Fishery status reports released
30 September 2016
The status of wild fish stocks that underpin Commonwealth fisheries has remained generally positive, according to a new report from the Australian Bureau of Agricultural and Resource Economics and Sciences (ABARES).
Acting ABARES Executive Director, Peter Gooday, said the Fishery status reports 2016 showed that of the 93 fish stocks reviewed, across the 22 Commonwealth fisheries, 66 stocks (or 71 per cent) were both not overfished and not subject to overfishing.
Mr Gooday noted that for the third consecutive year there were no stocks classified as subject to overfishing in any fisheries managed solely by the Australian government. This is an important measure of management performance, in terms of ensuring the levels of harvest are sustainable.
“The reports also reflect a change in status of the pink ling and blue-eye trevalla stocks, which have had an uncertain fishing mortality status for a number of years, but are now classified as not overfished and not subject to overfishing. The western redbait stock in the Small Pelagic Fishery is also now classified as not overfished and not subject to overfishing.
“However, there are a number of stocks managed solely by the Australian government that remain classified as overfished and where there is uncertainty about whether the current level of fishing mortality will allow the stocks to rebuild. All overfished stocks are subject to rebuilding strategies and the Australian Fisheries Management Authority continues to work with stakeholders to achieve the objectives of these strategies.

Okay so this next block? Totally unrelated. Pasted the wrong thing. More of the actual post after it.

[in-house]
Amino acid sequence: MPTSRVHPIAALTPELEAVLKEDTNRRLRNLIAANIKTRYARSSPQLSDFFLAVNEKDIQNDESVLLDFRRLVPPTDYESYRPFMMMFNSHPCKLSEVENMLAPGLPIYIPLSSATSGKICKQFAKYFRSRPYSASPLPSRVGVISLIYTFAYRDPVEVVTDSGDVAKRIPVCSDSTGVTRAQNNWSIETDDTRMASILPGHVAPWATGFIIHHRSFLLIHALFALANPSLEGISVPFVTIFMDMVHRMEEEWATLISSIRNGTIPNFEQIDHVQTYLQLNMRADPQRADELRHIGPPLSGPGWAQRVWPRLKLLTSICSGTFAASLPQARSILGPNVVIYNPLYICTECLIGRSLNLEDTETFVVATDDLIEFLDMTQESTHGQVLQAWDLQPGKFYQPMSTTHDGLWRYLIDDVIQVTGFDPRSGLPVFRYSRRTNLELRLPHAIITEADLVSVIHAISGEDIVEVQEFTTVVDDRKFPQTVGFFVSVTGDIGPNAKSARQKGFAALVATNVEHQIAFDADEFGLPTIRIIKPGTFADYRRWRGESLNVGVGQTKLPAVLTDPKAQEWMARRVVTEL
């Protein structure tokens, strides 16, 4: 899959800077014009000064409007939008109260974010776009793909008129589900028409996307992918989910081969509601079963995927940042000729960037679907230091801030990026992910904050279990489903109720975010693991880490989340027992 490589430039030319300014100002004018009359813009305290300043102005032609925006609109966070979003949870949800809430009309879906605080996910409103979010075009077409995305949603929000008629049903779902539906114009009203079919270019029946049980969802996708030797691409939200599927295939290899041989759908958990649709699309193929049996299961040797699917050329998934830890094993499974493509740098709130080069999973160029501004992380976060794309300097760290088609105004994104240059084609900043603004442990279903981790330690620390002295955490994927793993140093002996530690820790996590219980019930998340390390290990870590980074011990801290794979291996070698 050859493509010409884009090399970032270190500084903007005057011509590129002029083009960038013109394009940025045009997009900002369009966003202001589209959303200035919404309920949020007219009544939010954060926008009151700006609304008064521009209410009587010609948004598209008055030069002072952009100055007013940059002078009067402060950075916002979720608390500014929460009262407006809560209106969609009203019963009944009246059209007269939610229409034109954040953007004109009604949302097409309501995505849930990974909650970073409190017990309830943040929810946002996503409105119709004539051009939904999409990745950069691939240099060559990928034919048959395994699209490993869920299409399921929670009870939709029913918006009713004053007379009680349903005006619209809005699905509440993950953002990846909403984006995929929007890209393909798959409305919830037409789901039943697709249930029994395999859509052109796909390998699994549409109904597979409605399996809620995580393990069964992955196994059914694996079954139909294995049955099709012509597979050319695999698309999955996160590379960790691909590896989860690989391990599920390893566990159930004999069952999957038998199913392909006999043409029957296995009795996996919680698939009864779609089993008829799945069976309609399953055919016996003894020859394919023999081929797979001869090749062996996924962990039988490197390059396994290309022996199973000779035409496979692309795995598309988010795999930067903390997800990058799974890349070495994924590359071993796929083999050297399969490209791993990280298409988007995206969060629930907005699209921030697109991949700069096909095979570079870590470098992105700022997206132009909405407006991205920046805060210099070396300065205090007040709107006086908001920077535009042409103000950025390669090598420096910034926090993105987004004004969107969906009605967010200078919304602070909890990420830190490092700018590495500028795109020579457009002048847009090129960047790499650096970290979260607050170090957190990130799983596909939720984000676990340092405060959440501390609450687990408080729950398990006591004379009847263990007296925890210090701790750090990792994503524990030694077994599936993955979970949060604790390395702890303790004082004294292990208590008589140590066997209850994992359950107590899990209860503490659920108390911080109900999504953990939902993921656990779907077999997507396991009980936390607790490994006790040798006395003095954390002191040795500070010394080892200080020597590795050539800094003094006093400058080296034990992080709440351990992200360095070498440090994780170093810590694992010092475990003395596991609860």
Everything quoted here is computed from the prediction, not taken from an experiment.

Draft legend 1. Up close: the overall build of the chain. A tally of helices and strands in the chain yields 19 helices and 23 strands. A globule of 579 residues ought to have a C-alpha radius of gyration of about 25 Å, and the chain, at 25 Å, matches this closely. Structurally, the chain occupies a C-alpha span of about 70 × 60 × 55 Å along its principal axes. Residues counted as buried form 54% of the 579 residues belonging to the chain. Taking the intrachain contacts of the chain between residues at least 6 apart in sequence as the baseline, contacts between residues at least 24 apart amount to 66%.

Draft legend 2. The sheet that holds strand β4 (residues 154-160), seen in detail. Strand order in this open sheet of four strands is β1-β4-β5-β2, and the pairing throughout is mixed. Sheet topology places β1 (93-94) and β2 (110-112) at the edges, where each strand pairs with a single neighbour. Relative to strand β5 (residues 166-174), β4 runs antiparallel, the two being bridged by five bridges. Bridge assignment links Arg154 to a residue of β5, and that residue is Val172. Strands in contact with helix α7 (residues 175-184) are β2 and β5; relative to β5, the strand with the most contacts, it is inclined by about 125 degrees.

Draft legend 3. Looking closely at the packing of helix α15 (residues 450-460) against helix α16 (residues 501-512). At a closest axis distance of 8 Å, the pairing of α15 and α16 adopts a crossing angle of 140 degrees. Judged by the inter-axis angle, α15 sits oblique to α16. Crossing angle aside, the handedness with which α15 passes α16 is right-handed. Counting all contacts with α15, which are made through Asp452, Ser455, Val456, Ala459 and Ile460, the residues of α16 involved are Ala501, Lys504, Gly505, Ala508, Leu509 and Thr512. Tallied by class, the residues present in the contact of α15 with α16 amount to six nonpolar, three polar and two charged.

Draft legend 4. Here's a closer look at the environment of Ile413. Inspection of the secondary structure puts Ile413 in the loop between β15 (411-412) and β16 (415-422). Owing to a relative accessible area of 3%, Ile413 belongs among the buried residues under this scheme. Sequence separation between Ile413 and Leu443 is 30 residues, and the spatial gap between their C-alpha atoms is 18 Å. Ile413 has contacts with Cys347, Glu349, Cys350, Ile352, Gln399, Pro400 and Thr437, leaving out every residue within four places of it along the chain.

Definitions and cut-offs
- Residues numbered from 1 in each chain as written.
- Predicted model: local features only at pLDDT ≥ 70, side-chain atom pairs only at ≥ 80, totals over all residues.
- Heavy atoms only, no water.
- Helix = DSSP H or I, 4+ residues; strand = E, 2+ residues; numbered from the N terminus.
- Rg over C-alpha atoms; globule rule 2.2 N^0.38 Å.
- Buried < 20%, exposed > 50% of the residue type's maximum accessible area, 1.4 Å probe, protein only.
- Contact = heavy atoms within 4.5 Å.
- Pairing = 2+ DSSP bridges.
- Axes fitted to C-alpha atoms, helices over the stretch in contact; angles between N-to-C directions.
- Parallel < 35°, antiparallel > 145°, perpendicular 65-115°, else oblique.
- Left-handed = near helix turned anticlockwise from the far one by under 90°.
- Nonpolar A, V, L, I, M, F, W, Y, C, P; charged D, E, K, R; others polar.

“There is also one stock that is internationally managed and where the fish stocks are fished by several nations—bigeye tuna in the western and central Pacific Ocean—that is both subject to overfishing and overfished. Yellowfin tuna in the Indian Ocean is also subject to overfishing.
“The reports consider the economic performance of Commonwealth fisheries. These fisheries generated $348.0 million in gross value of production (GVP) in 2014–15, which is 22 per cent of Australia’s total wild capture fisheries GVP of $1.6 billion.
This report forms part of a suite of ABARES publications that provide a comprehensive and multidimensional account of the trends and outlook for Australian fisheries.
For a copy of the report visit ABARES Publications.